Did you hear the one about Jesus turning water into wine? Jesus’ mother asks him to help save a groom from the embarrassment (and potential lawsuits from disgruntled guests!) for running out of wine before the party was over. Jesus, in a quiet, hardly-noticed way, provides. (John 2:1-11)
Modern ears, rendered skeptical by science, hear that story and respond, ‘Really? This sounds just like some ancient Greek myth about their god of wine.’
But, in our less skeptical moments; in our more faith-filled moments, I wonder if we want this story to be true. We want to see it as the new reality, because deep down, we dare to dream and hope that there will be a day when none will be in want, when all will be invited to the Party. (You should stop here and read Amos 9:13-14)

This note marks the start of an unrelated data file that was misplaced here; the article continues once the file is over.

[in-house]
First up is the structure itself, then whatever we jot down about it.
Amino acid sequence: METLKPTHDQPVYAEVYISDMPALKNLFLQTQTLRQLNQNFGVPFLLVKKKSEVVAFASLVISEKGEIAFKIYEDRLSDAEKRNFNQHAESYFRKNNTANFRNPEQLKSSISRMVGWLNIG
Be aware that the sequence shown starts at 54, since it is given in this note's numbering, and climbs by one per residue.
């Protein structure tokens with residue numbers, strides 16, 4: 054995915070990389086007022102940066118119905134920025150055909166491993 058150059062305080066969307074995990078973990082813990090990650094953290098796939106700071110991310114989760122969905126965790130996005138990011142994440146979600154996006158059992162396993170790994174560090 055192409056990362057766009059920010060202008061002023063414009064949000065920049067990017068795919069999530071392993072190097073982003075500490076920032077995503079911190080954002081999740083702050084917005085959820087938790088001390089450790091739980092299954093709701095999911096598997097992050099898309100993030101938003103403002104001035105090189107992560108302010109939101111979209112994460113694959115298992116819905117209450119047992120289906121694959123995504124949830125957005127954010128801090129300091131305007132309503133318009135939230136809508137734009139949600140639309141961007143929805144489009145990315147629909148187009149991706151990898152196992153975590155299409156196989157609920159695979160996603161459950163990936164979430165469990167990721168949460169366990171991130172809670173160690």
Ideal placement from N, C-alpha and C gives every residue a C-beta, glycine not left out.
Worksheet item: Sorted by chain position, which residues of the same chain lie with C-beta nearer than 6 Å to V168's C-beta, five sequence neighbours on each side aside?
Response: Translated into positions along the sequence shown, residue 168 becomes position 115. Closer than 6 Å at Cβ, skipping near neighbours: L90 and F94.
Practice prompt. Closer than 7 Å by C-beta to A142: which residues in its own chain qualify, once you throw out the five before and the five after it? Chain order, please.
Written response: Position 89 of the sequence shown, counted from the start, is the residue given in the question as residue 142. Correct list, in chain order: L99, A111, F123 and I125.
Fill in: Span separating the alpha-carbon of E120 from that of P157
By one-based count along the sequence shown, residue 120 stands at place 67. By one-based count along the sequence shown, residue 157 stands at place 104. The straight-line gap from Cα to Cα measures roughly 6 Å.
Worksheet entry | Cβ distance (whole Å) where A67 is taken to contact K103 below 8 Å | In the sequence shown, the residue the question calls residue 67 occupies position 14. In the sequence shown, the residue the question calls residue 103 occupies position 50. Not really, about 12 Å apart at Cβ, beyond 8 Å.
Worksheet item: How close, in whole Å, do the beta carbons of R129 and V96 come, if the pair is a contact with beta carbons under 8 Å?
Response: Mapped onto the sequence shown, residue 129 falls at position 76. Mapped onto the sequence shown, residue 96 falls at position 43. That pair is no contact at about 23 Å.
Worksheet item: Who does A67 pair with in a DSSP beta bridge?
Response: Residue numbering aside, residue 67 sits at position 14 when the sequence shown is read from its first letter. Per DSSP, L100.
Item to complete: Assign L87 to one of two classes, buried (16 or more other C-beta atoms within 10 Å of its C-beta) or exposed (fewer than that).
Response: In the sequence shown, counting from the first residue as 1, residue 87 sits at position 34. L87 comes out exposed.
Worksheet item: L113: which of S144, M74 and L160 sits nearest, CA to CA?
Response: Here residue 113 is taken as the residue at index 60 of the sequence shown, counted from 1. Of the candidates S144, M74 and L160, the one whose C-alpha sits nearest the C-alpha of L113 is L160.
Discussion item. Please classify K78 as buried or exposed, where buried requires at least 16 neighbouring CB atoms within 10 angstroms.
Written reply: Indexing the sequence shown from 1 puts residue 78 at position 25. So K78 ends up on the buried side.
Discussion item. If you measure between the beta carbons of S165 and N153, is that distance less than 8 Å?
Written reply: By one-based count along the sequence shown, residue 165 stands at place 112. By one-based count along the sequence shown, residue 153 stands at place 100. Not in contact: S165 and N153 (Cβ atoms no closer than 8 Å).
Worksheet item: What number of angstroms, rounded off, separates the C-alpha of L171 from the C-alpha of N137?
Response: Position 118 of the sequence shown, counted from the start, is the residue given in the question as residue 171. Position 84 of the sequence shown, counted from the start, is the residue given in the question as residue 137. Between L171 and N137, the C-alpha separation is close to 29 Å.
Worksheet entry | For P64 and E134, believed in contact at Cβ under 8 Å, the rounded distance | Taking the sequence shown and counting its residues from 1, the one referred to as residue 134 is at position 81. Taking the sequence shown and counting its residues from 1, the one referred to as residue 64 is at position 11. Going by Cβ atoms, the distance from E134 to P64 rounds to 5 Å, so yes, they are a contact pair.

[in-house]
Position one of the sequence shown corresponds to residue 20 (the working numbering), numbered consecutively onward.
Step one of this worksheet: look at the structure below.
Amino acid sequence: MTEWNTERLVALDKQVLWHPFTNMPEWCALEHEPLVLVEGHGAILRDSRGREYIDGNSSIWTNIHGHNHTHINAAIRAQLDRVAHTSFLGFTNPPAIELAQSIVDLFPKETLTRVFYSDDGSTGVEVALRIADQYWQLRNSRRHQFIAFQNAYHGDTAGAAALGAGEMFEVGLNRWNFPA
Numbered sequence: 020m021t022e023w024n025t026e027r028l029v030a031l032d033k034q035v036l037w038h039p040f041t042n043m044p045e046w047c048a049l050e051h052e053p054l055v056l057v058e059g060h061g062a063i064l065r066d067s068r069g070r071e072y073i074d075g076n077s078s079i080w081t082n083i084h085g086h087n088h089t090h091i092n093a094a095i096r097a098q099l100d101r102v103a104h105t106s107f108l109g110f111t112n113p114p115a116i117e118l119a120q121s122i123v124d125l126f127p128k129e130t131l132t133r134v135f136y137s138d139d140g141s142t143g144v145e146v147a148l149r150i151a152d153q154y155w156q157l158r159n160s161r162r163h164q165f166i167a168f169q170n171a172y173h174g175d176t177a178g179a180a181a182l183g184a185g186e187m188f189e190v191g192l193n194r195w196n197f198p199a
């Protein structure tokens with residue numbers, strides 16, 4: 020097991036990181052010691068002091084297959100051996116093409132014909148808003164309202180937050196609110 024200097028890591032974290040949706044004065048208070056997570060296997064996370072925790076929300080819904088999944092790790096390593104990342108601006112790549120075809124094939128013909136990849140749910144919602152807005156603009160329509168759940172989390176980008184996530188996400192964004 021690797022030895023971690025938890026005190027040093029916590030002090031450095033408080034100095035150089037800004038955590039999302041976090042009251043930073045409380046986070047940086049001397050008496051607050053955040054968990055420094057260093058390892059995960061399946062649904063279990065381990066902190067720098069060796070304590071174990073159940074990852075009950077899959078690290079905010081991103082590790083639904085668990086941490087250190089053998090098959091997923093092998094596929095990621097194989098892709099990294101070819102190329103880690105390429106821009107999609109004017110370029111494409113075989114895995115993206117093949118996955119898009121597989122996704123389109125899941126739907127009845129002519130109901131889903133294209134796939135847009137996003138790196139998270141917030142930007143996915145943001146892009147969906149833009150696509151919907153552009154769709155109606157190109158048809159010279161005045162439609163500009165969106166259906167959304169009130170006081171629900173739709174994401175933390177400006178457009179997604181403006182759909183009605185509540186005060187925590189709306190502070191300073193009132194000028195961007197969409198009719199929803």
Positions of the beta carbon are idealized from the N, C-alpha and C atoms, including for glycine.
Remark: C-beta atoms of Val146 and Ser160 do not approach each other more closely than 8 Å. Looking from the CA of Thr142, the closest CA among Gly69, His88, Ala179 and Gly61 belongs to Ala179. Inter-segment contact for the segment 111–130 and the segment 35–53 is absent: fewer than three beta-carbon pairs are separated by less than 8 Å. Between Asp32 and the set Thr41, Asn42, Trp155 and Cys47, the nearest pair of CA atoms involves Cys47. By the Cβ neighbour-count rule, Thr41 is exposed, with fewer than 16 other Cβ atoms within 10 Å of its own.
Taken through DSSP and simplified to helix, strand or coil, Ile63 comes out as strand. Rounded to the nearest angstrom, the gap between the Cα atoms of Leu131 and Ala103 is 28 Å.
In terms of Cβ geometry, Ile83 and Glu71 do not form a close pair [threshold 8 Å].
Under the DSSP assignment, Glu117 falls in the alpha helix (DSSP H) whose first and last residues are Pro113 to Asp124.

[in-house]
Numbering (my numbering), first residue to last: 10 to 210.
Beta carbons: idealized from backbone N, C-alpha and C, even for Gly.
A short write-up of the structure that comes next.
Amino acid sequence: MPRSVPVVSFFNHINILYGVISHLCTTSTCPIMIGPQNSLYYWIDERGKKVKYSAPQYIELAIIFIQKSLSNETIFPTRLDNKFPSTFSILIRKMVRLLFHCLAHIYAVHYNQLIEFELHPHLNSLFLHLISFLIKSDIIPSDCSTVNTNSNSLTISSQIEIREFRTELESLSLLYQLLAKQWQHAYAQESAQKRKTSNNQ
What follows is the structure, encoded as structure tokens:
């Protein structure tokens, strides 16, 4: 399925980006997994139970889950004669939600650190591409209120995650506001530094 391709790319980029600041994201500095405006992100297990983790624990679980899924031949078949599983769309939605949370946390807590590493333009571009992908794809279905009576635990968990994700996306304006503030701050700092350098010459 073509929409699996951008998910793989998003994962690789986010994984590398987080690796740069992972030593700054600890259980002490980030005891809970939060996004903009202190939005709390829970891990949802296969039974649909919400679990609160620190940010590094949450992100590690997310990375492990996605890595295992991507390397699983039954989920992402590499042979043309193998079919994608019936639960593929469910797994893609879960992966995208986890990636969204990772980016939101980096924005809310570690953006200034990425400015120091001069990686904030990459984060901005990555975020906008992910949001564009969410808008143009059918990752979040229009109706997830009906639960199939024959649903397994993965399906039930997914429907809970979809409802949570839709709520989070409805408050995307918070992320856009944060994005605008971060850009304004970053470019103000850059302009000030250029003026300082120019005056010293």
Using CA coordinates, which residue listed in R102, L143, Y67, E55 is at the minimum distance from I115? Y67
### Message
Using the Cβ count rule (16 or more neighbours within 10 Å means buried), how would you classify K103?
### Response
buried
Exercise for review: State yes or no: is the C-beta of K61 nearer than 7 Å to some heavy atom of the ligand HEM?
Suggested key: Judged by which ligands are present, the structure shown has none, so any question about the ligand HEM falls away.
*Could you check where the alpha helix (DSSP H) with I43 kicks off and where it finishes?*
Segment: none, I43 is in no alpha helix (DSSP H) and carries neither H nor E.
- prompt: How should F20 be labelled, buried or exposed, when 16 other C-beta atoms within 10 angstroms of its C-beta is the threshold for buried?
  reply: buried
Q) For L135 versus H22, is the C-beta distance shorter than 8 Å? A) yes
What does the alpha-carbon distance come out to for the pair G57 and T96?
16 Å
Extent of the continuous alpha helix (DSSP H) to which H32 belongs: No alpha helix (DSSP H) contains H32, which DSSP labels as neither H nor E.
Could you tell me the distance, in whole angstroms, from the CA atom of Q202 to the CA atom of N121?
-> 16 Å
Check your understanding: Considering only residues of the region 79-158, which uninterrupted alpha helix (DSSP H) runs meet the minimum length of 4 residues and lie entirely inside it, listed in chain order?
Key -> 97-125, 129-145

Jesus is at the party, and he is just doing that which God does every year, but in a super-sped up way. We see it with every glass of wine, but, like the guests at that wedding in Cana, we don’t see the Maker. So, if when you read about Jesus turning water into wine your response is ‘balderdash’, perhaps the problem lies not in the story but in your eyes.
“God creates the vine and teaches it to draw up water by its roots and, with the aid of the sun, to turn that water into a juice which will ferment and take on certain qualities. Thus every year, from Noah’s time till ours, God turns water into wine. That, men fail to see. Either like the Pagans they refer the process to some finite spirit, Bacchus or Dionysus: or else, like the moderns, they attribute real and ultimate causality to the chemical and other material phenomena which are all that our senses can discover in it. But when Christ at Cana makes water into wine, the mask is off’ (John 5:19). The miracle has only half its effect if it only convinces us that Christ is God: it will have its full effect if whenever we see a vineyard or drink a glass of wine we remember that here works He who sat at the wedding party in Cana.”
C.S. Lewis, “Miracles,” God in the Dock (Eerdmans: 1970)